Derby Roundhouse guided tour
Tuesday 19th July 2016
It is amazing the variety and number of fixtures we have enjoyed in the Derby area in recent years. At 14.00 a full party of 20 members met outside Derby Roundhouse for a guided tour including the associated buildings. We were met by Phil, a Derby City Council tour guide, who was at pains to point out that he was not an expert in railway history, inviting us to chip in at any time with any corrections or additions to his commentary (we did and he was impressed!). He still gave us a fascinating and entertaining tour which included many interesting facts about what is widely held to be the first railway roundhouse in the world. Some of the original railway tracks into it remain in situ, although bricked in to make a level surface for pedestrians. This gave rise to an optical illusion that made the gauge look broader than standard, with a lively debate and discussion. However, when the rails were seen to run continuously from outside up to the internal turntable there was no doubt – they were standard gauge. Many historical features were pointed out and explained including:
- A very high doorway; access from the former bridge over the tracks from Derby station west side.
- The Victorian parish boundary stone set into the roundhouse (initially the citizens of Derby would not allow the 'smelly railway' into their city and it was built in Litchurch, then a separate parish outside the city boundary - this is why the Midland station is peripheral to the city centre today).
- The beautiful carriage workshops.
More modern buildings on the site were also explored. The Stephenson Building is very modern but designed to complement the older buildings around it. There was some debate amongst participants about how successful this was, particularly where the building joined, with some finding the new buildings sympathetic and others who would prefer a more traditional design.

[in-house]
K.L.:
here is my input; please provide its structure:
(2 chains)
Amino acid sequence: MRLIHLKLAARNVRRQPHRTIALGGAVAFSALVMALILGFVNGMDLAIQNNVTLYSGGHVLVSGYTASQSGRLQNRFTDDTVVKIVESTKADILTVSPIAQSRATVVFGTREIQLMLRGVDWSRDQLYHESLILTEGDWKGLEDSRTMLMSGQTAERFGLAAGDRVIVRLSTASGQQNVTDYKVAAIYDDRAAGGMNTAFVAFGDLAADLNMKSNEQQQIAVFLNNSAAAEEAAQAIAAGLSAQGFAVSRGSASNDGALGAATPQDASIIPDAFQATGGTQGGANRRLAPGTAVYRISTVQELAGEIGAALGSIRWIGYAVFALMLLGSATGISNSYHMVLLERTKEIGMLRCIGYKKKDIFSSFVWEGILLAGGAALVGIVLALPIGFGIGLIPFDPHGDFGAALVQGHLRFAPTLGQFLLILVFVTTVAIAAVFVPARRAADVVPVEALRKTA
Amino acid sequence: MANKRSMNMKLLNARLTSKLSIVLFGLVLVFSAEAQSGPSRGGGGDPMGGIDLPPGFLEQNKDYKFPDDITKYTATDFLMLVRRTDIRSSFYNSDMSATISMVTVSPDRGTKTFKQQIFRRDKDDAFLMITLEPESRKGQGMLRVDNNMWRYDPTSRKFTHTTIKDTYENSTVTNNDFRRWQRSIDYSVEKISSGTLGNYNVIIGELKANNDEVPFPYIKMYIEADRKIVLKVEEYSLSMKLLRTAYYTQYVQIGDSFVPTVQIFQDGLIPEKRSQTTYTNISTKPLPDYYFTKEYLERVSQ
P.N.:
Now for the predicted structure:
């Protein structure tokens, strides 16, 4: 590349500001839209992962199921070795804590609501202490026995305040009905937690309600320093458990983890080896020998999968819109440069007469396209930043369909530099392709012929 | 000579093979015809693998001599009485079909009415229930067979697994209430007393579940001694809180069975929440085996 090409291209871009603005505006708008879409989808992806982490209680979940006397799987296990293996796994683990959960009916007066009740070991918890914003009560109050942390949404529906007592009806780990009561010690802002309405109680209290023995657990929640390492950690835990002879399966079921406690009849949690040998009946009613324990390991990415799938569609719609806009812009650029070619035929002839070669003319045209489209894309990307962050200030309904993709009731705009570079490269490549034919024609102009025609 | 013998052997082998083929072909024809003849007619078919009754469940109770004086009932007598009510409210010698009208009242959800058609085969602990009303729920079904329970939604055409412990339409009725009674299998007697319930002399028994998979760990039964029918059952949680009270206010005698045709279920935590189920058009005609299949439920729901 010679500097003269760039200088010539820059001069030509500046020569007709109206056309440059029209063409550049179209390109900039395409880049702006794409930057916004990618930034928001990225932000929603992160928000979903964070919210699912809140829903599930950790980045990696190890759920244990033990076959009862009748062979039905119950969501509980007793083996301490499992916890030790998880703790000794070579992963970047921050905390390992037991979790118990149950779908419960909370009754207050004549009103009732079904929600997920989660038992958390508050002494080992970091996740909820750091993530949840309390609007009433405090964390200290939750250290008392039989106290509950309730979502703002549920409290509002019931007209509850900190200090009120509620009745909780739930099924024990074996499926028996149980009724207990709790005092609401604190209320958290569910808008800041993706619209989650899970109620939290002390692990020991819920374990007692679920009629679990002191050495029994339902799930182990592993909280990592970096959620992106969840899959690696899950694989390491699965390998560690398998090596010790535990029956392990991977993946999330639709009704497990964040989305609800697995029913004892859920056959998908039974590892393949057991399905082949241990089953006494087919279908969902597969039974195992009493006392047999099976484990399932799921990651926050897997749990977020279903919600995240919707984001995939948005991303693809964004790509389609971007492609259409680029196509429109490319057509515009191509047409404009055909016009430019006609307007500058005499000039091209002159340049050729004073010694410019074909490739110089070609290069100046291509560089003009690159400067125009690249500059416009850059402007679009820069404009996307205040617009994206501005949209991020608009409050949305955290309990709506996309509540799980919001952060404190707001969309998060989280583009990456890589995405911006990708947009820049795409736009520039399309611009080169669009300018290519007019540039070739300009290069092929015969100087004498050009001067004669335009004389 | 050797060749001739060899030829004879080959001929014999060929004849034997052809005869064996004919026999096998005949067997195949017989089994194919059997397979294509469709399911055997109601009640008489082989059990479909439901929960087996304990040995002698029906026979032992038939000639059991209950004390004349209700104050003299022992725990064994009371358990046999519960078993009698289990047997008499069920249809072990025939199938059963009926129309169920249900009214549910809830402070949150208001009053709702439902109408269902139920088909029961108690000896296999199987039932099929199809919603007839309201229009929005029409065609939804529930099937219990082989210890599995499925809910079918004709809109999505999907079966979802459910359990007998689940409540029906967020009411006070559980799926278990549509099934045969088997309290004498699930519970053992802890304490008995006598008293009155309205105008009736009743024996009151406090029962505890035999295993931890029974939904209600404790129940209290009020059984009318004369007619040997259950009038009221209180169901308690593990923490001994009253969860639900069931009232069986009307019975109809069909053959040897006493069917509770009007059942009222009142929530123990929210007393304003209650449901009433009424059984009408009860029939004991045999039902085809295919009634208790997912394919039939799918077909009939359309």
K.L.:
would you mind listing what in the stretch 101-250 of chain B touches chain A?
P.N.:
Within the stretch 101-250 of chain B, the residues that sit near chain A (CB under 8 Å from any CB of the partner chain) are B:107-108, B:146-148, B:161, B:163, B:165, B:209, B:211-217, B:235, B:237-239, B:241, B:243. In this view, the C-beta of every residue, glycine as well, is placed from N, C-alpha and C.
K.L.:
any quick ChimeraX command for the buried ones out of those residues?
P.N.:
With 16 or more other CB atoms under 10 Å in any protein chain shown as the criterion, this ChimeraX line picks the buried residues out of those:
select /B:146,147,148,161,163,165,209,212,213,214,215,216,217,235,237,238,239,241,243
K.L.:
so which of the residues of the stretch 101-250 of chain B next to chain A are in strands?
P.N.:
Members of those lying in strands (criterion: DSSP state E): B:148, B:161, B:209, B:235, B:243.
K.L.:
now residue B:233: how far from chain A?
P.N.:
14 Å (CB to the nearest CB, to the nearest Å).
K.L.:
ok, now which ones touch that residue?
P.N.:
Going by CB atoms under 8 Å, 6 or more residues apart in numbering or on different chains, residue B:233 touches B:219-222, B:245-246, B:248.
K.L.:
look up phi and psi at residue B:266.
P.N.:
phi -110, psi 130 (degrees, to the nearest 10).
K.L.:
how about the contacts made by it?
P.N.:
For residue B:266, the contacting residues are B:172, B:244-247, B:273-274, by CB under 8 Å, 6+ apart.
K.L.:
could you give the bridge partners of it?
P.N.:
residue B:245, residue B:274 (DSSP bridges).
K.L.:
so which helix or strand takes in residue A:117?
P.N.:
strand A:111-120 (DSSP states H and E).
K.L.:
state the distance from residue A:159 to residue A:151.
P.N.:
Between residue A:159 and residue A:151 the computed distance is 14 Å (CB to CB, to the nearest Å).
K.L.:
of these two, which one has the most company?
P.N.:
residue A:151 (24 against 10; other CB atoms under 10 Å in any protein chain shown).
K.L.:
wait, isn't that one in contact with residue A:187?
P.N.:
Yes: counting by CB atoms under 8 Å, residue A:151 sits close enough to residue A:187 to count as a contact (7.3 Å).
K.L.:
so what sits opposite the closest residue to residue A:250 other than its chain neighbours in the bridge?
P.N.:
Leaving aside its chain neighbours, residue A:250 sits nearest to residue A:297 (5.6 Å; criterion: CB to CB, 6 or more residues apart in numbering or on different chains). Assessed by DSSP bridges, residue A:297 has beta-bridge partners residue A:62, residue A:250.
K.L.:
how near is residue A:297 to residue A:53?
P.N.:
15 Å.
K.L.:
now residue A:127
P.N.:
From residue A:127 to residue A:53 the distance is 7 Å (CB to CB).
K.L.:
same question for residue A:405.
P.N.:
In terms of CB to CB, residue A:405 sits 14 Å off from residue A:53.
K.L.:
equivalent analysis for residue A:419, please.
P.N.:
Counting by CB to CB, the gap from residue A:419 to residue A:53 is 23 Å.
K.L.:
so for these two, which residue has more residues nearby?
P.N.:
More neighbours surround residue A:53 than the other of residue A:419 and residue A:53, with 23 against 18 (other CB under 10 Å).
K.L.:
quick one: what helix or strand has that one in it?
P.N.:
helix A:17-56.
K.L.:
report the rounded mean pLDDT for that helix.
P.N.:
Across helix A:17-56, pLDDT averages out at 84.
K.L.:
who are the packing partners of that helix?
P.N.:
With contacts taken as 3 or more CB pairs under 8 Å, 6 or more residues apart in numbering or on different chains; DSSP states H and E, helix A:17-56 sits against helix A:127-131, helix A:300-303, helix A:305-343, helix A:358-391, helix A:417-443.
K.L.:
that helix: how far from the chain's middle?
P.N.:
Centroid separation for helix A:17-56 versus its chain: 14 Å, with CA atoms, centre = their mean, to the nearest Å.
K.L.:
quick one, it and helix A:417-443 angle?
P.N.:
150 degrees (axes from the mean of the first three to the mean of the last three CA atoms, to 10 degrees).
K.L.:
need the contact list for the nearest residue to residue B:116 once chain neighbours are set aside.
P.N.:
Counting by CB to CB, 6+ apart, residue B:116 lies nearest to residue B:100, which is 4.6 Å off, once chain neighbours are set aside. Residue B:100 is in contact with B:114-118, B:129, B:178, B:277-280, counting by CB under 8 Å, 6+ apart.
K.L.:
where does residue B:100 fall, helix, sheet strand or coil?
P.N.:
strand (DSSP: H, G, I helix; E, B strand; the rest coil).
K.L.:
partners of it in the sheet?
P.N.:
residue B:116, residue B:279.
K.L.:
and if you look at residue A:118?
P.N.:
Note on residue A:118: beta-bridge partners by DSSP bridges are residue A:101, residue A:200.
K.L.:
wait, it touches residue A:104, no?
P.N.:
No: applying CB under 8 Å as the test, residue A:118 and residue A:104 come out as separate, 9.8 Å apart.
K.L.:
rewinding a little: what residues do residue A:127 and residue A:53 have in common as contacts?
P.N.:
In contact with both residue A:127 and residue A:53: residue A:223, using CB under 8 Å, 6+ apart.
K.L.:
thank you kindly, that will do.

Most of the buildings are now part of the Roundhouse Campus of Derby College. One faculty is catering and the highly recommended students culinary achievements can besampled in a swish restaurant https://goo.gl/EU8FYL (for menus etc or 01332 387487) called the Engine House (with original wooden flooring) at very modest prices. It is advised to visit near the end of the academic year when they have become more accomplished, rather than the beginning! Some beautiful original engineers' drawings for some of the Midland and LMS Railways' most famous locomotives adorn the walls here.
The carriage shed, original roof and natural daylight - spot the BLS Members.
The tour concluded in the magnificent roundhouse itself, restored to a very high standard with original features retained and incorporated wherever possible. This includes later 20th century additions such as several electric cranes and hoists. One of the pits is displayed, lit from beneath and covered with glass that can be walked over. The Roundhouse is used throughout the year for a wide variety of events. The fixture organiser had visited previously to attend a beer festival (where he bumped into a BLN Regional Editor!). On the day of our visit there were many bright gold cloths swathed around the pillars - a large Indian wedding had taken place the day before.
Part of the inside of the restaurant which retains its original floor and supporting metal poles.
It was suggested that the BLS could hire it as a future AGM venue but the 'higher' (!) prices indicated a lack of financially viability! Phil was heartily thanked for his tour (see 'Connections' in BLN 1271 for details of public tours). Even the most expert of the party learned something new from our visit.
Many then made their way to Derby bus station to catch the 'V3' bus to Egginton Junction for an eight mile walk along the former double track Great Northern Railway (GNR) 'Friargate Line' trackbed back to Derby.